I have a convex problem with the following properties:

-The energy to be minimized is convex - it is basically a norm.

-The domain is defined by a set of convex cone constraints inequalities.

I am able to solve this problem efficiently and accurately with a modeling package like CVX in Matlab (with MOSEK as the underlying SOCP solver).

This convex problem is always feasible.

However, now I want to solve a slightly different problem. I would like to augment the previous convex problem with an additional set of nonlinear equality constraints. As these equalities are not affine, they are not convex, hence the new problem is not convex. I guess I can try to approach this problem with general nonconvex solvers. I tried Matlab's fmincon with very limited success. I'm guessing that the constraints are not smooth and that poses some difficulties.

However, my nonconvex problem is special in the sense that the most important aspects of the problem are characterized in the convex part of the problem (i.e. the original problem without the nonlinear equalities).

So I would like to use the power of convex solvers to guarantee that the solution always satisfies the convex inequalities and I am willing to accept a solution in which the nonlinear equalities will not be satisfied precisely (i.e. to convert the nonlinear equalities to soft constraints).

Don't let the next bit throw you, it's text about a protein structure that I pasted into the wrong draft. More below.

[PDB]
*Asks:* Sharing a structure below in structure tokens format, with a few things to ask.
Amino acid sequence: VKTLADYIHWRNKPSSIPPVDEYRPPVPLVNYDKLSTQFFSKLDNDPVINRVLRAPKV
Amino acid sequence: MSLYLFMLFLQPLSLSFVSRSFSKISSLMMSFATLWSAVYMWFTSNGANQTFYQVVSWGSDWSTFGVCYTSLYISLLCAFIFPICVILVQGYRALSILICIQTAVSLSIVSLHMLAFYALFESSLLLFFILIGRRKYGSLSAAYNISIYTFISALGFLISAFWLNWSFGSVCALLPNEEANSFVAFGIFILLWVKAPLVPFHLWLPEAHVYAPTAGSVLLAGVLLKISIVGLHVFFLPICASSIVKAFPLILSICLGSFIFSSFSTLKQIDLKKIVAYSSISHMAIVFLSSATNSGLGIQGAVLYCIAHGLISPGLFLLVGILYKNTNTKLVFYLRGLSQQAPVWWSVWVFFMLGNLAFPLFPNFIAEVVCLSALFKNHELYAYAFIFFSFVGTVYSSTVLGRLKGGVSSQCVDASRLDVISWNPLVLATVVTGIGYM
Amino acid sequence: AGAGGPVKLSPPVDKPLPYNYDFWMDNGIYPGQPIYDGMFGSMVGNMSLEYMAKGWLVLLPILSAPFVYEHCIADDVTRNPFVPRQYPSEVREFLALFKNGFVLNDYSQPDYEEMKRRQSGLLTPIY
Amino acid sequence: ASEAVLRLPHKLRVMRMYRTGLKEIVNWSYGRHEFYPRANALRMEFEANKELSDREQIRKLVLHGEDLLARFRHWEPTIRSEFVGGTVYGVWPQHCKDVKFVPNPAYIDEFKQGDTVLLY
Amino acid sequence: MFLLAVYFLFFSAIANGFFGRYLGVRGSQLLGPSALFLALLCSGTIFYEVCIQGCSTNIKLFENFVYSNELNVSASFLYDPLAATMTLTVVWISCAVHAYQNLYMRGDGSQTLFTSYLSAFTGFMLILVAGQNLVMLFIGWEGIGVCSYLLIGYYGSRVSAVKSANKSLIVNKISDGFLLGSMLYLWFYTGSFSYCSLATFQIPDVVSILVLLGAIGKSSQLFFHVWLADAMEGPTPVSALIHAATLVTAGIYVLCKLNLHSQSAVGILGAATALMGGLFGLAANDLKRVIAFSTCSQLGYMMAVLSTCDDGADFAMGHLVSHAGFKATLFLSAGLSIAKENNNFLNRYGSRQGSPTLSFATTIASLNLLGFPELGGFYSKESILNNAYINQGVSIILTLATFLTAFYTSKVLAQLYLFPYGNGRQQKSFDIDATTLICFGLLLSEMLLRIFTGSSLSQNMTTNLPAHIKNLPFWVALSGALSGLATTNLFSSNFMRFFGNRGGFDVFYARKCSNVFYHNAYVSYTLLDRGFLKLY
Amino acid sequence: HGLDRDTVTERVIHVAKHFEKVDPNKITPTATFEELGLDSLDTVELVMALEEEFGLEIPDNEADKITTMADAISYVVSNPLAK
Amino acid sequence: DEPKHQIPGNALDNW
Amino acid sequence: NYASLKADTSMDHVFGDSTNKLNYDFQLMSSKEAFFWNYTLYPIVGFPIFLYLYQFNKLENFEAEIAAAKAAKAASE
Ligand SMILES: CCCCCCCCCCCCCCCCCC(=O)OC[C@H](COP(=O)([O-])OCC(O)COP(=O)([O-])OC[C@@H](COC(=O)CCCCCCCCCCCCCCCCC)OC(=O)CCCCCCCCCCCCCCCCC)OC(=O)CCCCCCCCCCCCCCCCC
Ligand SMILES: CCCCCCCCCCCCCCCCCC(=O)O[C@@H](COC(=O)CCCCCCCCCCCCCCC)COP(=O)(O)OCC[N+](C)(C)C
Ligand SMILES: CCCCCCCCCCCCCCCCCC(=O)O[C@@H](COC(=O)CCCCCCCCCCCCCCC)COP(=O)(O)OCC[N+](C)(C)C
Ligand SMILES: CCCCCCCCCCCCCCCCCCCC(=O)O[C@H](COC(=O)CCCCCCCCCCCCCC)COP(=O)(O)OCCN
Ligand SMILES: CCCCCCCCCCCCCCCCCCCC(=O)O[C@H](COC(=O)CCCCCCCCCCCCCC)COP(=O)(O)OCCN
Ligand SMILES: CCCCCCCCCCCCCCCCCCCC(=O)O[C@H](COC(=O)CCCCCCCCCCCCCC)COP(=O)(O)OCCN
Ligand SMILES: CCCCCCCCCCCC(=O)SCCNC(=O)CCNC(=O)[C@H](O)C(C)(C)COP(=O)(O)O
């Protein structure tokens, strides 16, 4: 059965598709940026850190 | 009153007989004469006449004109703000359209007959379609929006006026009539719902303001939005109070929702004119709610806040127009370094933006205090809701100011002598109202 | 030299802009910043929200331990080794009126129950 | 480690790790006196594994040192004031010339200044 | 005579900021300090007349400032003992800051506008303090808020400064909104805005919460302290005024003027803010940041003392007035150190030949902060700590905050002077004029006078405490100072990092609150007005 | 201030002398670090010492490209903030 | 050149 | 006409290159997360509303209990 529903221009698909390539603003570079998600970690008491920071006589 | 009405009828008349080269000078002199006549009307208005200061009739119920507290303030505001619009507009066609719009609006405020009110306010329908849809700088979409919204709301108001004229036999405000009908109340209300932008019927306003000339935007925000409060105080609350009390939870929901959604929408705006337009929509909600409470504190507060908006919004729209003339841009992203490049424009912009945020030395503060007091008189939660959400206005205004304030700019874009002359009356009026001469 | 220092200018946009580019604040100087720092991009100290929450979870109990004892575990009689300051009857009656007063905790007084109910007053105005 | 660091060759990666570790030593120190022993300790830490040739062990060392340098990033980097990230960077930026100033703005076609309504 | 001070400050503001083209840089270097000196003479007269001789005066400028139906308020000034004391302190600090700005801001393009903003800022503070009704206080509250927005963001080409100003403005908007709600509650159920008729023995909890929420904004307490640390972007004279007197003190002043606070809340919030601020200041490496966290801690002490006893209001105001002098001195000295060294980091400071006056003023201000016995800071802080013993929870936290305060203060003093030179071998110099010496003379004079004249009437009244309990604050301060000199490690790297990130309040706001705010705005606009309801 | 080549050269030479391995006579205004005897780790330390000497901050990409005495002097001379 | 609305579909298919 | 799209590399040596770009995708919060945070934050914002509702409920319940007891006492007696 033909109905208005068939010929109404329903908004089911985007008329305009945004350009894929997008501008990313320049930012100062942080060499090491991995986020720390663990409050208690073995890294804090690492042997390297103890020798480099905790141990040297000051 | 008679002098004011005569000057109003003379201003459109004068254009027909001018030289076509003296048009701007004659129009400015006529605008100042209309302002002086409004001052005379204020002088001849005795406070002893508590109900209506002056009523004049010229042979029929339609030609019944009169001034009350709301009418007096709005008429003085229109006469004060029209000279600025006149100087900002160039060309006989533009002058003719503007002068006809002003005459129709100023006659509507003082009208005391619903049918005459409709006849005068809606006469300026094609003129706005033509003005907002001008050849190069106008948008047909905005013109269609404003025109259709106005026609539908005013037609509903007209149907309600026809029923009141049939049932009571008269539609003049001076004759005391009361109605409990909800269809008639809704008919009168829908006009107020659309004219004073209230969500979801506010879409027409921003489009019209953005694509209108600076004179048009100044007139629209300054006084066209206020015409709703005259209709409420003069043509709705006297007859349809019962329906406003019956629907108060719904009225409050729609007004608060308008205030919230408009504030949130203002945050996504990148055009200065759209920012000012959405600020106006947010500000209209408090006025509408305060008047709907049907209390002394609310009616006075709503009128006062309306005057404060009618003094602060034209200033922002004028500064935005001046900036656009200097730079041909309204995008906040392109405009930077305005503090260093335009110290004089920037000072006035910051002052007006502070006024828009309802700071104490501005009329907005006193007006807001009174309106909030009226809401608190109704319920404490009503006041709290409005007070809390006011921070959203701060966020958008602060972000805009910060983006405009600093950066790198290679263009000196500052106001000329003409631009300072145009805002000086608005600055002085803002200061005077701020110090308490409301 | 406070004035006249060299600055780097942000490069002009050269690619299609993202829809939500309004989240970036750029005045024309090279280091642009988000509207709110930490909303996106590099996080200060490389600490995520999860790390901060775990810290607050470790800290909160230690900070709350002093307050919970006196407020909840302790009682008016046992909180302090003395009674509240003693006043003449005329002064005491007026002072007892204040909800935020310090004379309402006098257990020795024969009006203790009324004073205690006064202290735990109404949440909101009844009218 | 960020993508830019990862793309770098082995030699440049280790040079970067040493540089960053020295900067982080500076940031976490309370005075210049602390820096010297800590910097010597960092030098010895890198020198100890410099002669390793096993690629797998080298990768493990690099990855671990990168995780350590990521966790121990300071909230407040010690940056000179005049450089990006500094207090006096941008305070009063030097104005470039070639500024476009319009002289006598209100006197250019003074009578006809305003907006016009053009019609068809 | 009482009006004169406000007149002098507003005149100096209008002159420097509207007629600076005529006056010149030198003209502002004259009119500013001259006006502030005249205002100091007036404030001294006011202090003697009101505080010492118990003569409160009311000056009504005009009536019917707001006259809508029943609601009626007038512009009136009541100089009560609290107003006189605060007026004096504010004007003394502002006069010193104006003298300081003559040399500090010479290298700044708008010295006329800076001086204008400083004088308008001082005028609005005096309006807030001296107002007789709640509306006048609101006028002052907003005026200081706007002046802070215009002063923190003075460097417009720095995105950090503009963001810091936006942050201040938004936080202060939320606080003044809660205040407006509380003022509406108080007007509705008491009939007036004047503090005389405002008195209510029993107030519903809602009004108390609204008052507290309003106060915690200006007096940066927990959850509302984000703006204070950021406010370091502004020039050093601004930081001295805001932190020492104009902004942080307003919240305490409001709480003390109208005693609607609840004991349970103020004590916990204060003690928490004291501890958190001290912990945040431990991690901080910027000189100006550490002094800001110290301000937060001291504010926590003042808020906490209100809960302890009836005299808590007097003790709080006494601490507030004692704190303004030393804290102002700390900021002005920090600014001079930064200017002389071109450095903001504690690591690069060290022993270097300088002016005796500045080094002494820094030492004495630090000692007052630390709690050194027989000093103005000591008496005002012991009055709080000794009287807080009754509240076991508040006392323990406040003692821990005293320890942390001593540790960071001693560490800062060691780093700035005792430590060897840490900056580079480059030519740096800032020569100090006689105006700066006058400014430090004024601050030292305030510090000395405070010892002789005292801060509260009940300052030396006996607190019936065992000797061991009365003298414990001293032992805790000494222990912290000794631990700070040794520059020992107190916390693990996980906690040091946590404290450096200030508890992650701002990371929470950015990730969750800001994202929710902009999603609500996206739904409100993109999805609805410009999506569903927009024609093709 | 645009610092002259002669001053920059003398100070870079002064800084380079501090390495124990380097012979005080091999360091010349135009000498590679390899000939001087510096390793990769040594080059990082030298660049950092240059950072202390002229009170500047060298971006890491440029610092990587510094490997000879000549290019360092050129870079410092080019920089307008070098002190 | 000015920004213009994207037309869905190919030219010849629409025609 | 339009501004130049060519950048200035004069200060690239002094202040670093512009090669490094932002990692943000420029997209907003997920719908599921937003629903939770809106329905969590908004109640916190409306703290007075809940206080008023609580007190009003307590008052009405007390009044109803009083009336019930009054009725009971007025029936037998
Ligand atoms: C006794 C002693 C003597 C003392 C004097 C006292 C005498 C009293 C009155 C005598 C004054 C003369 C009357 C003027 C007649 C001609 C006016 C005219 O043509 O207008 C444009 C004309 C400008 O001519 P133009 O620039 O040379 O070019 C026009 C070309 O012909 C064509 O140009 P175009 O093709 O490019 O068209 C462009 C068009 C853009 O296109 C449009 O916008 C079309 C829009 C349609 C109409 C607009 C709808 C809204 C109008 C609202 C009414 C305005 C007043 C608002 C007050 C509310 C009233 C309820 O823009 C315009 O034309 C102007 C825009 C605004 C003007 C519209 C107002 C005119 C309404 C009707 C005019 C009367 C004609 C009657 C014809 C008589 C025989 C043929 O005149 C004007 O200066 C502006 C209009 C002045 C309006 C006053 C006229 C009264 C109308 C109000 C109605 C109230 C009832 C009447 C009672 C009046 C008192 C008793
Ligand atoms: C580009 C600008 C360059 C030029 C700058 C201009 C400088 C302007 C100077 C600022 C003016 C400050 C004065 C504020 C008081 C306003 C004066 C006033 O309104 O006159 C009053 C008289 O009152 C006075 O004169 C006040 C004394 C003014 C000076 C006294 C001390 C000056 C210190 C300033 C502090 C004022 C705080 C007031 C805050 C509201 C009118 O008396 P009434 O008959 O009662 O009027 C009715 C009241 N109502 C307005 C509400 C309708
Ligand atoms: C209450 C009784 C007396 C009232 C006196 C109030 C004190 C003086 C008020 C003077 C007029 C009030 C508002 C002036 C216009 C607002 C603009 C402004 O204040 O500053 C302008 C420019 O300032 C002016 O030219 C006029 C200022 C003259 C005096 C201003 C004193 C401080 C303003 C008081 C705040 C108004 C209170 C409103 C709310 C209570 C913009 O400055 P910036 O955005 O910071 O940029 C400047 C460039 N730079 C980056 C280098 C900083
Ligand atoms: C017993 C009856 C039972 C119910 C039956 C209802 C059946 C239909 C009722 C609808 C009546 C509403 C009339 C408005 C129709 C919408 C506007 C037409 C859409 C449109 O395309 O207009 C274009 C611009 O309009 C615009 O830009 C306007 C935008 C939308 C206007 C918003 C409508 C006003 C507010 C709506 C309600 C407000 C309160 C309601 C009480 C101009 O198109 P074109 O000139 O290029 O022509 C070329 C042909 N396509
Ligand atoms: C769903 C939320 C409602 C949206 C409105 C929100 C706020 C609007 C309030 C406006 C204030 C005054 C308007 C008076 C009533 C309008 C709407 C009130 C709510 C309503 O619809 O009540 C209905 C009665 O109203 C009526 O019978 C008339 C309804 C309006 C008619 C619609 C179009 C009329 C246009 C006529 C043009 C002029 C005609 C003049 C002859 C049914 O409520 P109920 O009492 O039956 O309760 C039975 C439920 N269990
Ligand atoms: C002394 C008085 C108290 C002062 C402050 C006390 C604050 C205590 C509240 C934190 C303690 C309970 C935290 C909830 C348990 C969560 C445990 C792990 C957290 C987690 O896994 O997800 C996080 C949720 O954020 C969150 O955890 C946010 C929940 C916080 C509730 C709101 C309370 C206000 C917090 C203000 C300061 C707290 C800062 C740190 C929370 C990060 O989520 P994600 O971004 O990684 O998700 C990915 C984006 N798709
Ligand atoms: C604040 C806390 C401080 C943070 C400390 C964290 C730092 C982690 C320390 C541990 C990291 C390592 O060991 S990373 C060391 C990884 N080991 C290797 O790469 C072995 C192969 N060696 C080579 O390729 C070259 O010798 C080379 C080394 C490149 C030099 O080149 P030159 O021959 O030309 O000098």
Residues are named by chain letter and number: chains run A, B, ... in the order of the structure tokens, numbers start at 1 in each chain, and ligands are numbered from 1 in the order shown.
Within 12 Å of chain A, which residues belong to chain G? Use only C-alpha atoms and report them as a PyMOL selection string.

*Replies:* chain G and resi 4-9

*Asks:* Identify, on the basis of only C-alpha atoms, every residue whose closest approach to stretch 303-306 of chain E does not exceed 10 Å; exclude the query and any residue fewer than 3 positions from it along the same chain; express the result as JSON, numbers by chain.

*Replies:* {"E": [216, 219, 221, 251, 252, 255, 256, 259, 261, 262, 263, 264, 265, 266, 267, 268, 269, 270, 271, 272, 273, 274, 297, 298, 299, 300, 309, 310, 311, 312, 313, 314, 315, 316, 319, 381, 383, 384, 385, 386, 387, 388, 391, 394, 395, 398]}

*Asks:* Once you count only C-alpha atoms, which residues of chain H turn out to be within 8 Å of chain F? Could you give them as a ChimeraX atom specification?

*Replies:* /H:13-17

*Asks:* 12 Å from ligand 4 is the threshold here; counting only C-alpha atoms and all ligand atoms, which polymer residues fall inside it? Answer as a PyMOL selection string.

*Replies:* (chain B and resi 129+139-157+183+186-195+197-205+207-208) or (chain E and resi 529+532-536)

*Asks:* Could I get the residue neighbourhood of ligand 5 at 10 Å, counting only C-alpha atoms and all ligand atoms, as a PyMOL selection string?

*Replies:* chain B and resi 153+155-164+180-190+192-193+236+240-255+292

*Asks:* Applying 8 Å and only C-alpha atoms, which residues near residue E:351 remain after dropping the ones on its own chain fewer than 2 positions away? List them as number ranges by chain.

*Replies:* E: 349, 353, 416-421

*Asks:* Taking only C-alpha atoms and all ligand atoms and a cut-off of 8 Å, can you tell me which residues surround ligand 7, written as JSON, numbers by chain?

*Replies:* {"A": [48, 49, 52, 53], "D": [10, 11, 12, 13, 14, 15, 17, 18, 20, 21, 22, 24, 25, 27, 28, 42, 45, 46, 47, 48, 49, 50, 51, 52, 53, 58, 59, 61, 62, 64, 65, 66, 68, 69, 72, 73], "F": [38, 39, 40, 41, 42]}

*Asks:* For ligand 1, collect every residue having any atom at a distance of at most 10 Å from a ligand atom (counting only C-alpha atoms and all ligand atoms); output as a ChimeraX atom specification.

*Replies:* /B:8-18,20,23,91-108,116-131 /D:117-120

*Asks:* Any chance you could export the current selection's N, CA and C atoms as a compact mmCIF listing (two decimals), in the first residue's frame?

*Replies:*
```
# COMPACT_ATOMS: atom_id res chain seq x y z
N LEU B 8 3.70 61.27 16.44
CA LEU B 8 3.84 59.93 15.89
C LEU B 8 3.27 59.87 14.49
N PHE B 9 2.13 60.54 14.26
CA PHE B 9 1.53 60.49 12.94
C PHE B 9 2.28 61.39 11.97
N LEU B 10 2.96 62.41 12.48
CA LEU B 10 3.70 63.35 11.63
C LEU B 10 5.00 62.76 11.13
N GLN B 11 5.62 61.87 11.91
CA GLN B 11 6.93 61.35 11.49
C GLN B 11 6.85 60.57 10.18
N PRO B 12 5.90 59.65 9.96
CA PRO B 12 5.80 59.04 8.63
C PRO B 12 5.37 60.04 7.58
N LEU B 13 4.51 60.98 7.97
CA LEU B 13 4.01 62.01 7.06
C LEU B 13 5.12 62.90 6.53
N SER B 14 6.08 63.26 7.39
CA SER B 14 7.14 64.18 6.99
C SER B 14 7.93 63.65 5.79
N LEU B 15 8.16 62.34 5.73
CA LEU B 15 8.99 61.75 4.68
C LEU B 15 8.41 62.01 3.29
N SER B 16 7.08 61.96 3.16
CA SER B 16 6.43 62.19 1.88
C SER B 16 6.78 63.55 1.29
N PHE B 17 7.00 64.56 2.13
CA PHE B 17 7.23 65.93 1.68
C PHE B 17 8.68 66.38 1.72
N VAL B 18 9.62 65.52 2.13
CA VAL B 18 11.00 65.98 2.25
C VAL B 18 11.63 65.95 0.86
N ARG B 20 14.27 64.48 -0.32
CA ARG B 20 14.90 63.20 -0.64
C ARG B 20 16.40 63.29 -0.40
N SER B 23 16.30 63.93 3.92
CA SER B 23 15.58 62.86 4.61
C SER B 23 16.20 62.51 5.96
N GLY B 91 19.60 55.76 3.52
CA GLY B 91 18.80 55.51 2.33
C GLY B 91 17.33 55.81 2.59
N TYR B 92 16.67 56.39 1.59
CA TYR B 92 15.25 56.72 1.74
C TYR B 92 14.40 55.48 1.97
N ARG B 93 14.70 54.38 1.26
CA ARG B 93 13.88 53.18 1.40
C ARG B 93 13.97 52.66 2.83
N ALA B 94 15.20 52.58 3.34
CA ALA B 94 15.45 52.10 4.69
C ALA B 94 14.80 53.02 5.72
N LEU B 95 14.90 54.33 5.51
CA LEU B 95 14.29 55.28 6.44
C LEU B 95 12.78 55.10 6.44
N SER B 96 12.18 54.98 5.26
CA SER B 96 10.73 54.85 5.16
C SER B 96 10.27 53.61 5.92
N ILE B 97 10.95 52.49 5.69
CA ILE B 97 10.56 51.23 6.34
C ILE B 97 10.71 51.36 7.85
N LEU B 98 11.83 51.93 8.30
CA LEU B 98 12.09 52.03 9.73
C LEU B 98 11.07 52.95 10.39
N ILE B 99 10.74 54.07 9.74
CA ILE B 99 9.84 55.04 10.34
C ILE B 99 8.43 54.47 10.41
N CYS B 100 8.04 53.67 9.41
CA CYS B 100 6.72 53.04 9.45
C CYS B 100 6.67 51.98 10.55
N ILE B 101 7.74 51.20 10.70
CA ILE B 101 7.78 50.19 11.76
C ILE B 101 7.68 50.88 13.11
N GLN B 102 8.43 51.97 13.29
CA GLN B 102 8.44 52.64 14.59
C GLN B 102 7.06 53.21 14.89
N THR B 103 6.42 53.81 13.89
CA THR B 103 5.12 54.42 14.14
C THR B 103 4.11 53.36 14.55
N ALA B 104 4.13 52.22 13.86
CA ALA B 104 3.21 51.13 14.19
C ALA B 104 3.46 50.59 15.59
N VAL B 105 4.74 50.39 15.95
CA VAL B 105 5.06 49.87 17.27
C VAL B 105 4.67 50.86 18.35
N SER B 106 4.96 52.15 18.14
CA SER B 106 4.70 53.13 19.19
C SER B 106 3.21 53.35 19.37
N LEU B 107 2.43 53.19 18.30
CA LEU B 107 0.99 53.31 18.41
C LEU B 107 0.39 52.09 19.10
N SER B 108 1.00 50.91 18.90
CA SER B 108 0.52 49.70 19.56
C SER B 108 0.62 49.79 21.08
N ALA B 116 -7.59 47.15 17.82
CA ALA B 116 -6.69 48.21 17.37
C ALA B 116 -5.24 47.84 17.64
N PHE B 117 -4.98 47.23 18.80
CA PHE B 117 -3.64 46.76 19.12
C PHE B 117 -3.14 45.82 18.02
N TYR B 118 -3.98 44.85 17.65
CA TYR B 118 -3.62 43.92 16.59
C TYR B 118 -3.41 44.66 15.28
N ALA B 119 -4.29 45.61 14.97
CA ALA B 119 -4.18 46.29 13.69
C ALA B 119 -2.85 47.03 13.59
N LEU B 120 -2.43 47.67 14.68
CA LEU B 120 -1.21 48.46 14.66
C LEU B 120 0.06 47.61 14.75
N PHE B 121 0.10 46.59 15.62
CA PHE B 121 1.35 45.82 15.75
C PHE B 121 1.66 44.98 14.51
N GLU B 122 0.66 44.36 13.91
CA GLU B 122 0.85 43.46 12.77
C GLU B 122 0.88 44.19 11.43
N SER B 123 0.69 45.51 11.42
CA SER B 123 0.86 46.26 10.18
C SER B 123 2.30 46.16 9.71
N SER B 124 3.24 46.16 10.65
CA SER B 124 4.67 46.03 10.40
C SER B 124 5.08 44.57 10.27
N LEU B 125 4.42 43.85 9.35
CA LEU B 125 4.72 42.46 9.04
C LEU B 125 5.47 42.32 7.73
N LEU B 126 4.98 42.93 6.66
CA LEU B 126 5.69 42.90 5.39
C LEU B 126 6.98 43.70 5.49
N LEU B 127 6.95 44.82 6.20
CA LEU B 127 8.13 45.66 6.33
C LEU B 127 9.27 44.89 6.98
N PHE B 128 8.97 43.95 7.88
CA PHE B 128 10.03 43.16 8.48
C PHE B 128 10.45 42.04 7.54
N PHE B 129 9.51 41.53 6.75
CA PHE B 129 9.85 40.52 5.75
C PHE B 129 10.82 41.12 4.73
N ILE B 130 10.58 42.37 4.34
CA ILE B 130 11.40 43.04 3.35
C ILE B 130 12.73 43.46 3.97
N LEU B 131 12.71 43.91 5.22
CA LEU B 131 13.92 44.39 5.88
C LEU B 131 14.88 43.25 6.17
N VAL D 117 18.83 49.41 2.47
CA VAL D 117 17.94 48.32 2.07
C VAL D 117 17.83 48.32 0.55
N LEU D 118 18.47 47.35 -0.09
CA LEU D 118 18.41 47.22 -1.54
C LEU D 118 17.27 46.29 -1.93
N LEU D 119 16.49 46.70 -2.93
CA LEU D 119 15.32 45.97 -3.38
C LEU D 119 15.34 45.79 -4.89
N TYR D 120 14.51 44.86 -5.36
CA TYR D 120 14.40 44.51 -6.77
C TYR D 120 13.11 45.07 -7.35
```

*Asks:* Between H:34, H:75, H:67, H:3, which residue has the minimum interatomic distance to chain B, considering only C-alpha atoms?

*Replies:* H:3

What would be the best strategy to solve such a nonlinear program?


It looks like this is something that has been done enough to be given a name: sequential convex optimization or sequential convex programming. It's a natural extension of the more common practice of sequential quadratic programming.

The idea is to linearize just the non-convex constraints, and leave everything else intact. Presumably, the closer your relaxed model is to the original, the better this is going to work.

Google is your friend here, but there's even a YouTube video on the subject.

  • $\begingroup$ Thanks Michael! I looked into Boyd's slides and on other resources. It seems that SCP is a broad family of methods. $\endgroup$ – Wazowski Mar 23 '16 at 5:36

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